The excitement is building for this year's Academy Awards on Sunday, but the national conversation about why some films with predominately black casts were largely snubbed and the lack of inclusion in Hollywood generally has also not quieted down.
A recent University of Southern California study highlighted the extreme lack of racial and gender diversity, not just on the big screen, but also in production roles and in industry boardrooms as well. And on the heels of that study, a Washington Post report published Tuesday revealed that some unnamed, elderly Oscar voters wouldn't even consider watching the acclaimed 2015 hip-hop biopic "Straight Outta Compton," while another rejected the blockbuster film after just watching part of it for being "too loud."
As the controversy over the second straight year of all-white acting nominees at the Oscars has begun to die down, the focus has shifted to just how few woman and people of color have power in the industry. “The heart of the problem isn’t who gets nominated. The heart of the problem is how the industry works,” Jennifer Warren, an academy member as well as a director, actress and founding member of the Alliance of Women Directors, told the Post.
According to the Post, minorities made up close to 50 percent of all the movie ticket buyers in 2014 (although they comprise just 37 percent of the general population as a whole) and yet they are not being represented in proportionate numbers on screen, getting directing jobs or playing a significant role in the development of big screen projects. A recent New York Times piece, which looks at the experiences of artists in front of and behind the camera who aren't straight white men, reveals incredible prejudices and insulting experiences that even A-list talent routinely face.
Actress Teyonah Parris was once told she talked too "ghetto," and actor Wendell Pierce was told he couldn't be in a Shakespeare film because they "didn't have black people then." Eva Longoria was encouraged to speak with an accent and to darken her skin because she didn't appear "Latin enough," and Oscar-winner Julia Roberts once had to fight to avoid appearing in a scene wearing a micro-mini skirt.
On the other hand, actor Jamie Foxx, who won the Best Actor Academy Award in 2005 for his performance in "Ray," thinks that underrepresented groups in the industry doth complain too much. “All these Oscar talks, I don’t even trip about that,” Foxx reportedly said at the American Black Film Festival awards on Sunday. “I mean, what’s the big deal? I was sitting at home with my Oscar, like ‘What’s all the hubbub?’”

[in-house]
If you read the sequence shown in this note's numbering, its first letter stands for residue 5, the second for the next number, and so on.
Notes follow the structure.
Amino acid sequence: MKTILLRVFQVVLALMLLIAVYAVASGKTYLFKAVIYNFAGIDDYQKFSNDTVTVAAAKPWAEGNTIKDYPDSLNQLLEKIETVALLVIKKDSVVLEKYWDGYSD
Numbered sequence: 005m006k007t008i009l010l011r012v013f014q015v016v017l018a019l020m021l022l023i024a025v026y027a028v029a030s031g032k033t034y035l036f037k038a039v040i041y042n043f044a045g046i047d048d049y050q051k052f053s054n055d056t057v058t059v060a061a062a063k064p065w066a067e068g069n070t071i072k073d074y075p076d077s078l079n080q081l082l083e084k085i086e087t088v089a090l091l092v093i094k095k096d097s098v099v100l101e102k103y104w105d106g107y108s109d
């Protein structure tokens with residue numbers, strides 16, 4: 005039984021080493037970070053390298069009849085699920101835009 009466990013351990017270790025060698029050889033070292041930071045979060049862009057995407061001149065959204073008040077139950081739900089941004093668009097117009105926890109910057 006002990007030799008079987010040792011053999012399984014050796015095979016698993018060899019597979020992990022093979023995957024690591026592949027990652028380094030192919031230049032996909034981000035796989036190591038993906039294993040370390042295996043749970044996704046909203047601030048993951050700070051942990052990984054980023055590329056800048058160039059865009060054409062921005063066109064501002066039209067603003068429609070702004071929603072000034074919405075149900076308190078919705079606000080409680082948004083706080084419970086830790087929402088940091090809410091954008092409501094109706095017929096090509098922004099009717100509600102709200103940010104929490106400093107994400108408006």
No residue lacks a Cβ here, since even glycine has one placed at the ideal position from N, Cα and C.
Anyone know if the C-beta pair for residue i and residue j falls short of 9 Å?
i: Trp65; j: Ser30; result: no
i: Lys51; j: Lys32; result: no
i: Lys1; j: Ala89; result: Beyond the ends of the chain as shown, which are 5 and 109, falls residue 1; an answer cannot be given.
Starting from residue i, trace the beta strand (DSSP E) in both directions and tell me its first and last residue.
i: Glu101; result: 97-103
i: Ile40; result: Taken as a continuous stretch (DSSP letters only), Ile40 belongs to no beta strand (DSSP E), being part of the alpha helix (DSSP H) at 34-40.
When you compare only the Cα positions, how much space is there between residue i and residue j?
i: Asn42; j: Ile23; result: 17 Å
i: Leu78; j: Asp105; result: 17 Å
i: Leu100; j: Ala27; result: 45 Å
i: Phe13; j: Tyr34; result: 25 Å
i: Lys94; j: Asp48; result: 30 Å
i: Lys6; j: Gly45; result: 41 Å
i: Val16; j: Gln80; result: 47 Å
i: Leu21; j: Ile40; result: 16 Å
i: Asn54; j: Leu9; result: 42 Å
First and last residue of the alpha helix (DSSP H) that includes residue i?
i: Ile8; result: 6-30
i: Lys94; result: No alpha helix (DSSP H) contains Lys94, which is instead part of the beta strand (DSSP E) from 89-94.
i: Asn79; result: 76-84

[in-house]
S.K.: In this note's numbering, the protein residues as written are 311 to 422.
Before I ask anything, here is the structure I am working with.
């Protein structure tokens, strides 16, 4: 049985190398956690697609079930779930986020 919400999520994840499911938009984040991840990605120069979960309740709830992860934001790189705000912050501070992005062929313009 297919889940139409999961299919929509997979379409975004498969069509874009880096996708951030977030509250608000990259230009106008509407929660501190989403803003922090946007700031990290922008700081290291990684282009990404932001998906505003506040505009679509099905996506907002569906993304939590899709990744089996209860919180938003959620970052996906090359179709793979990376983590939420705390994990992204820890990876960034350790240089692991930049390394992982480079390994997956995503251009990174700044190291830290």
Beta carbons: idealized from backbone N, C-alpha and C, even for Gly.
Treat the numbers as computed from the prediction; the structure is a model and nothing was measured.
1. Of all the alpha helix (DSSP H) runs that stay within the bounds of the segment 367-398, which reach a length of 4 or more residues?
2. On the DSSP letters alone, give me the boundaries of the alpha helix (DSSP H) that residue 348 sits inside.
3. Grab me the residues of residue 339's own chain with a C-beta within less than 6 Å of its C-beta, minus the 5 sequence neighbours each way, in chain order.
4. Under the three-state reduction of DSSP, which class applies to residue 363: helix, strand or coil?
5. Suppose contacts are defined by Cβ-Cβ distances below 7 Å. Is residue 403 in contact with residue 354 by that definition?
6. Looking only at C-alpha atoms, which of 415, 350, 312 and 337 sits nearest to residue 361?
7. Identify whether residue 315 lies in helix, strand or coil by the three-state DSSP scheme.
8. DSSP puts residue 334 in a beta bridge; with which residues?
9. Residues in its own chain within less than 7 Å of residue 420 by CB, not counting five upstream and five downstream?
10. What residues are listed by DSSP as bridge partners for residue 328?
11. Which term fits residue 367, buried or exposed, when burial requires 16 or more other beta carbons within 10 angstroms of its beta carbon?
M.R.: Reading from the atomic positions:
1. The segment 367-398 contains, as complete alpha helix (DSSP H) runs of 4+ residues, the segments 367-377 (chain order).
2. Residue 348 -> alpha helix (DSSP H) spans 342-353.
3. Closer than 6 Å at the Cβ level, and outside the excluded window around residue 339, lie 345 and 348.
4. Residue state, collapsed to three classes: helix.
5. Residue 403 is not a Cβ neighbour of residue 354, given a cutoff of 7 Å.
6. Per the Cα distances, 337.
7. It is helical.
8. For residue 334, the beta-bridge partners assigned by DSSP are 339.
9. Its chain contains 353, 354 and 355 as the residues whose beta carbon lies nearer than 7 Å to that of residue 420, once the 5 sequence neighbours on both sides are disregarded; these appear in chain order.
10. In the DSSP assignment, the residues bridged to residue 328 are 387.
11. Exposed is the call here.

He allegedly later added: “Me and Denzel were like, ‘Hashtag what’s the big deal? Hashtag act better.’”
And while the uproar has prompted calls for a boycott, reforms to Oscar voting, and even calls for a black-run major studio, some black filmmakers and artists are pooling their resources to make a difference outside of cinema altogether.
According to Buzzfeed, "Creed" director Ryan Coogler, widely seen as one of the overlooked filmmakers of color this year, is organizing a free benefit event for the embattled population of Flint, Michigan, that will feature an all-star line up, ironically on Oscar night. Flint has been reeling from a tainted water crisis that has grabbed national headlines and inspired a great deal charitable of celebrity action.
Coogler has recruited comedian Hannibal Buress to host. Musical artist Janelle Monae, "Grey’s Anatomy" star Jesse Williams, and "Selma" director Ava DuVernay are all scheduled to appear at the event too, which will be live-streamed on revoltTV, entitled "#JUSTICEFORFLINT."
“With the #JUSTICEFORFLINT benefit event we will give a voice to the members of the community who were the victims of the choices of people in power who are paid to protect them, as well as provide them with a night of entertainment, unity, and emotional healing,” Ryan Coogler told BuzzFeed News. “Through the live stream we will also give a chance for people around the world to participate, and to donate funds to programs for Flint’s youth.”
Meanwhile, on Sunday night, millions of eyes will be on the host of this year's Oscars, comedian Chris Rock, to see how he will address the embattled state of Hollywood. Rock famously once called the film business a "white industry," and has reportedly re-written his entire opening monologue to address the #OscarsSoWhite debate. Although his first Oscar hosting stint 11 years ago polarized Hollywood insiders, he may be the one person who can redeem them now.